Optimize Engagement to Retain Users
This article with 10 tips to optimize app engagement was originally written by Jeni Miles, on GooglePlayDev and published on Medium.
Most app developers aim to have an engaged user base who find their app valuable and return to it on a regular basis. Also, anyone who’s ever bothered to hit the ‘install’ button hopes that the app delivers on it’s promise to fulfill a need, or solve a problem!
Blindly optimizing engagement metrics for their own sake isn’t consistent with reaching long-term business goals, and the goals of people using your product. Trying to successfully retain existing users over trying to acquire new ones makes monetary sense, as poor retention leads to higher acquisition costs.
In this article I will recommend ten ways to optimize for a successful, engaging app, which includes some insights shared at the Google Play, Sustainable Engagement Day in 2018, and Playtime 2018. You can also watch the full event session below.
Tip 1 — Meaningful features and analytics
Health app Lifesum asked themselves: “how do you know if you’re improving your product?”. Retention and conversion metrics are great ways to measure whether feature usage is improving, but these ‘vanity’ metrics don’t always take into account how users actually experience your product. According to Lifesum’s ex-senior designer Rafael Coimbra, improving features does not necessarily translate into making your user base more successful.
At Lifesum, it was clear there were lost signals between the in-app behaviors of users, and their reasons and motivations. Rafael created a generative worksheet to better measure meaningful behaviors and identify driving reasons and values of its customers. You can check the Meaningful Analytics worksheet here.
Similarly, a core user action for dating apps is typically the number of conversations users initiate and the amount of messages they send each other. Badoo product manager, Timur Garifzyanov, explained at Playtime (see video above), how they experimented and saw an increase in the number of chats started in their app by adding a feature whereby people could send hearts to each other to start a conversation.
This feature resulted in a positive 20% increase in the number of messages sent, but the reply rate was very low (at -6% for males), and the retention for female users decreased to 1%, as reported by Badoo.
It became clear that meaningless conversation starters did not help people achieve what they expected from the app. To fix this, Badoo introduced a new feature called the ‘bad opener blocker’ which made it actually harder to send meaningless messages. This resulted in less messaging overall, but more meaningful conversations between users, and a better reply rate.
Tip 2: Data can tell you where the problem is…
How do you measure the efficiency of your app based on what your users want to achieve with it? The language-learning app ABA English believes data can only tell you where the problem is but not what is about. That’s why they decided to identify and leverage qualitative data coming directly from people using their app. This led them to add an additional step in their onboarding process and subsequently achieve 2x increase in user activations.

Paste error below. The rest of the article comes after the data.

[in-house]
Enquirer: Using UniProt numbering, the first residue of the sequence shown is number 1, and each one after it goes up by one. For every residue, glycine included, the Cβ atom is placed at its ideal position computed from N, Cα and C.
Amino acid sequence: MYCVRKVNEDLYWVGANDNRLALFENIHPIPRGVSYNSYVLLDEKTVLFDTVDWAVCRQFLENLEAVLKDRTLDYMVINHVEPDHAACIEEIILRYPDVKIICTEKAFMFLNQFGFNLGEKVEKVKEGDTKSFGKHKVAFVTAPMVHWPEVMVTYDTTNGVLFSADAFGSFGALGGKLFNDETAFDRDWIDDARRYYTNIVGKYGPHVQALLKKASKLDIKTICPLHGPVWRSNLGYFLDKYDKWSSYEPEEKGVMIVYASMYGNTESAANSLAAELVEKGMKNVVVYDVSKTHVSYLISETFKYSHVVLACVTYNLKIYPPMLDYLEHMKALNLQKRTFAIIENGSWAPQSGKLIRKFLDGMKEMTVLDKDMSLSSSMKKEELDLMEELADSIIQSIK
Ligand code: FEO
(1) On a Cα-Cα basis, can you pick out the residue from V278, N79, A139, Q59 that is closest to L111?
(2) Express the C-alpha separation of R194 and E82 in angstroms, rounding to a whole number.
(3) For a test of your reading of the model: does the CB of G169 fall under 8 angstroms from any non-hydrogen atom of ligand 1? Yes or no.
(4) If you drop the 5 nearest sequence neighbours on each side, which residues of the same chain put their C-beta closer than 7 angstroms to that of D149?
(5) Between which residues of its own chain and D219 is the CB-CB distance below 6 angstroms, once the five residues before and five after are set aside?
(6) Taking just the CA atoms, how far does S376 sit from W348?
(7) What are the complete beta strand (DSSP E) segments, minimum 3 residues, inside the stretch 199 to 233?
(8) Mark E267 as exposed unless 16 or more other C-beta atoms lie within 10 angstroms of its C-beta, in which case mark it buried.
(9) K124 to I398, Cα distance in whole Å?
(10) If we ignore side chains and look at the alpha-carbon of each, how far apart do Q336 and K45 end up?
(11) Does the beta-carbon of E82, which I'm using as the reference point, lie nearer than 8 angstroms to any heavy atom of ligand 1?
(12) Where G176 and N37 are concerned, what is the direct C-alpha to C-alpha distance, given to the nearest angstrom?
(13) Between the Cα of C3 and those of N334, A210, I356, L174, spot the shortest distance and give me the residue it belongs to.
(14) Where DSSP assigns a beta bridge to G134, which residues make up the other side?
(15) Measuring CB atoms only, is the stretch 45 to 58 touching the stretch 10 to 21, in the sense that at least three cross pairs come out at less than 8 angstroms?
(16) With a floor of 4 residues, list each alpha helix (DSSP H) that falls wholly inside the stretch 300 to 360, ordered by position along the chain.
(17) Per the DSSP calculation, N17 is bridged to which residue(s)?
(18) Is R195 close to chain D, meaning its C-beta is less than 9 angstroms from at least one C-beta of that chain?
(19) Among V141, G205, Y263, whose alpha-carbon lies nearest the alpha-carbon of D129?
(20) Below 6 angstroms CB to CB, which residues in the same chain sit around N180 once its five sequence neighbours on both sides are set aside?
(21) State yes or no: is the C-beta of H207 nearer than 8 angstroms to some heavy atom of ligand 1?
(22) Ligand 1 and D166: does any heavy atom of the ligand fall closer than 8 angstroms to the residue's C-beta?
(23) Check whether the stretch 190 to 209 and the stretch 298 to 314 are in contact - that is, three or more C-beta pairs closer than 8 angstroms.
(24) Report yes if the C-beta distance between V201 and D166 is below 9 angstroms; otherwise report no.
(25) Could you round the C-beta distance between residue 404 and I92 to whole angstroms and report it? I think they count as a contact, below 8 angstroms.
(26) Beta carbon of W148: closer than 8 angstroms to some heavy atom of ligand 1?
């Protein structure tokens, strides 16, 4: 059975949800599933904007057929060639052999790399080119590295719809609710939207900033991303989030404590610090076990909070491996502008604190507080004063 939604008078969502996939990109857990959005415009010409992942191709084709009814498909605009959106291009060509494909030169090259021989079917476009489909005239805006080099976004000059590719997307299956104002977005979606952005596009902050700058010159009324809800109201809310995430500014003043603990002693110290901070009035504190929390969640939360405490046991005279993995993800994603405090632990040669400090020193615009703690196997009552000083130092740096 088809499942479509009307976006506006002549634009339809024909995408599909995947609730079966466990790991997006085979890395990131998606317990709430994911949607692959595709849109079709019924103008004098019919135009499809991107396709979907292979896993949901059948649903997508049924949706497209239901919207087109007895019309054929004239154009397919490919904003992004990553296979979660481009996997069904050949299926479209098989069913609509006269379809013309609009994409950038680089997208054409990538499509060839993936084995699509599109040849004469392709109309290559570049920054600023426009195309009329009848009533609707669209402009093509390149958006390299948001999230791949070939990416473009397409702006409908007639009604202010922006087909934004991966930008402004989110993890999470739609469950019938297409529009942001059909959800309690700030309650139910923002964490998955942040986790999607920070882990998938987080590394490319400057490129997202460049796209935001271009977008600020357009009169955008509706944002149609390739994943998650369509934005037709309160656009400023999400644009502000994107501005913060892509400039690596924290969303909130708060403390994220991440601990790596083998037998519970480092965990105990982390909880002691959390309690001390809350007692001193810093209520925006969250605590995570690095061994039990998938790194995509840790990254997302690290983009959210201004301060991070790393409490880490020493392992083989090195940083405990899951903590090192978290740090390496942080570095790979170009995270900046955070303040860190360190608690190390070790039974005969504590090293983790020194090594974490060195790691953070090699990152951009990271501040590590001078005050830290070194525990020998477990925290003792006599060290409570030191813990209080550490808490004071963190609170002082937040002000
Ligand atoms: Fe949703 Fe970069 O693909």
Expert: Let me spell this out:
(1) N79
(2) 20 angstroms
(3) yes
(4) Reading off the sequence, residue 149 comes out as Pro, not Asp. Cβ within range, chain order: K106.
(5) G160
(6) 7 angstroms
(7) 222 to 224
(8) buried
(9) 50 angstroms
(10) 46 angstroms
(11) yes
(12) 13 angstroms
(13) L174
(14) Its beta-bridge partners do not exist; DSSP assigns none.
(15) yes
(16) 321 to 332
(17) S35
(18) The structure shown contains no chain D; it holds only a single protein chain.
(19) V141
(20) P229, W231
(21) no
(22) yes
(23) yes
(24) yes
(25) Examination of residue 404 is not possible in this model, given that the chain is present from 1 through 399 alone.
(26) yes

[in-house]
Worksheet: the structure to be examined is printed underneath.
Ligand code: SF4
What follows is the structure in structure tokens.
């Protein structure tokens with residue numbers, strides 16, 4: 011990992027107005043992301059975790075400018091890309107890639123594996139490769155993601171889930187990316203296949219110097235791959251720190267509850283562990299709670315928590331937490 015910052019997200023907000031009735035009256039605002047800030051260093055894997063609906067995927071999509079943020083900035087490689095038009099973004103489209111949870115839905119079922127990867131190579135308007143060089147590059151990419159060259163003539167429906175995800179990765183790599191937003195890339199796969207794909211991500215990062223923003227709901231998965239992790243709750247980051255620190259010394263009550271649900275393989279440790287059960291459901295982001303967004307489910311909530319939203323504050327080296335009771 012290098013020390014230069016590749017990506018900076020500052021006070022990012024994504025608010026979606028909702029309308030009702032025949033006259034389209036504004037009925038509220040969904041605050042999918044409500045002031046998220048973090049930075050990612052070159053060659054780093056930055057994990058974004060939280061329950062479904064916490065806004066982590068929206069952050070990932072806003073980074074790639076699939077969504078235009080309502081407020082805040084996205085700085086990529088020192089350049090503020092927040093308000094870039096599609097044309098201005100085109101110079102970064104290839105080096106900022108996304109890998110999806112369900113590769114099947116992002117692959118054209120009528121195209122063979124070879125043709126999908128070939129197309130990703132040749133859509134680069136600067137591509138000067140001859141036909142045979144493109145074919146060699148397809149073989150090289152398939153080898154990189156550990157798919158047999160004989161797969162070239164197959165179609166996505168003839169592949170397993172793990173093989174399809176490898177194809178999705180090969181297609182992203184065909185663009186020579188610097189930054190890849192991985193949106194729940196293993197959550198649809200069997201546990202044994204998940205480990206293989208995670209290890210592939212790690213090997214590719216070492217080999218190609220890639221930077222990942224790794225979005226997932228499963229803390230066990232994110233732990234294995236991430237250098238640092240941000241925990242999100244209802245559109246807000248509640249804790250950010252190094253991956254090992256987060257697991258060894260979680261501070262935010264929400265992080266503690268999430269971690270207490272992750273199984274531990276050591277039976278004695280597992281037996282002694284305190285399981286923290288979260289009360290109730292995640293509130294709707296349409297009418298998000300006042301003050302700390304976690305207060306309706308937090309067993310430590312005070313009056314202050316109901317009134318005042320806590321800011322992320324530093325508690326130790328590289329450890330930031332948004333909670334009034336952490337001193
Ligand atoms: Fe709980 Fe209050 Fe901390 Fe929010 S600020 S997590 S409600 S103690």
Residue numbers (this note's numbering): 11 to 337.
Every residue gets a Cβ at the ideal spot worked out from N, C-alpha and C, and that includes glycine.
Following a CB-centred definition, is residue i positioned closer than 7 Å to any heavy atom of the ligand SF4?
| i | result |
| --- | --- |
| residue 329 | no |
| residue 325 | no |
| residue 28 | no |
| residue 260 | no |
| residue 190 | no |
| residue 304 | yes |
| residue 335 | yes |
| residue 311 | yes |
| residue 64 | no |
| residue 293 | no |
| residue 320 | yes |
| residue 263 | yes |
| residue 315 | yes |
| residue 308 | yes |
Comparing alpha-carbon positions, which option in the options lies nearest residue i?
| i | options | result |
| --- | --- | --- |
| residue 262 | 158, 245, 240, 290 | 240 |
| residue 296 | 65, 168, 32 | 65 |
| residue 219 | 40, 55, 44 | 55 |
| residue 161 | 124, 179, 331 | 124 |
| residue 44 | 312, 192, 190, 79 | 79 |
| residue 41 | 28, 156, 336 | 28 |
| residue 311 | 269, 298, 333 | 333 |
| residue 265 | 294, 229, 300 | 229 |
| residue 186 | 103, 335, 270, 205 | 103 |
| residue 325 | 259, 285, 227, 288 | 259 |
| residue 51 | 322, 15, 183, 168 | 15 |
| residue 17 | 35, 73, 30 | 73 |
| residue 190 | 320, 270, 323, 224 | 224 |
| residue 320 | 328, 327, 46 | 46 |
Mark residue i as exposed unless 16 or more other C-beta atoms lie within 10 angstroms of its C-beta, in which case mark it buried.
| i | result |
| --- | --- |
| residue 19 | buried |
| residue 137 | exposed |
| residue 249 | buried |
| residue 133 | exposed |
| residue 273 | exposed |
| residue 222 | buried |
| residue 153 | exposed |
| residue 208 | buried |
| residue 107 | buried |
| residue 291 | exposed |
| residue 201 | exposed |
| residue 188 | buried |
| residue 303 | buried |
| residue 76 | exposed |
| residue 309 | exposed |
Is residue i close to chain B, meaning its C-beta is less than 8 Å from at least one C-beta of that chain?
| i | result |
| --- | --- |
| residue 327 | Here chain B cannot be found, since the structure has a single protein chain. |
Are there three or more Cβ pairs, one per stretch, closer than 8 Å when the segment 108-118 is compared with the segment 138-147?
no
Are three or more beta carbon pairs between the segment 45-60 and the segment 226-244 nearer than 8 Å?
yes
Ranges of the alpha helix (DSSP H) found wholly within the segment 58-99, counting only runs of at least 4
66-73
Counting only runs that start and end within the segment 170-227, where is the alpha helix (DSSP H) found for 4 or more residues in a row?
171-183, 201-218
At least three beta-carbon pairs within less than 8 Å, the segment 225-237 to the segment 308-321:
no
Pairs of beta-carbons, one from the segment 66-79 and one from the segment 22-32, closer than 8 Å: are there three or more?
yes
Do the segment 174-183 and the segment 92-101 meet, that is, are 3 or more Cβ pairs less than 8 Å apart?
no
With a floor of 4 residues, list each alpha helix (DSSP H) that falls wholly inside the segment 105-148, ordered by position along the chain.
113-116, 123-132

How? During the onboarding ABA users were asked to select their language level before starting with the content. ABA’s quantitative data showed no major drops at this stage.
However, customers interviews showed that users didn’t know how to really assess their language knowledge. This led to churn later in the funnel and low engagement if the wrong level was picked. ABA then took the potentially counterintuitive decision to make their onboarding longer and by including the additional level test their users activations doubled up!
Discover more from ABA English in the Playtime event recording above.
Tip 3 — The ‘ultimate’ way to communicate with your users
The team at Ultimate Guitar foster a culture with human-to-human communication at its core that’s not the sole reserve of the customer support team.
They created a human to human “H2H” board where the entire team can see all mentions of Ultimate Guitar on social media. At 10am everyday, there’s a strict “no code, no design, no meetings” rule, and the team, from designers to developers to analysts, communicate directly with real customers.
Ultimate Guitar’s COO Mikhail Trutnev believes that implementing this human-to-human approach helped ensure that “product teams started to empathize with our users. And this, in turn, had led to the team protecting product users from overly aggressive marketing campaigns even if they were deemed effective”. The team does not even consider some monetization ideas and only comes up with experiments that go in accord with H2H principles, thanks to this empathetic approach. As a result of this, Ultimate Guitar has reported an increase in revenue and decrease in negative feedback simultaneously.
Tip 4 — Start where your users start
By watching replays, tracking a leakage map, and identifying that their paywall was often interruptive to the learning experience, language-learning app Busuu realized that they had a problem with their first-time user experience.
Their hypothesis was that there was a lack of consistency starting with the Google Play Store assets. By focusing too narrowly on granular changes to copy and styling with metrics that were detached from their outcomes further down the funnel, the value proposition was hard to understand and so they had to fix it.
- Consistent imagery & recurring themes (starting at the Google Play Store)
- Showcasing the Premium option early (coupled with a free trial)
- Removing distractions (progressive disclosure)
- Celebrating progress
- Unlocking more content based upon activity
- Setting expectations and getting commitment
Several experiments later, they have been able to make incremental gains to key metrics such as download > registration rate and friends added/accepted increased. Throughout this iterative process, the team regularly watches videos, runs tests, and ideates/hypothesizes to ensure they’re constantly evaluating the first-time experiences of real users.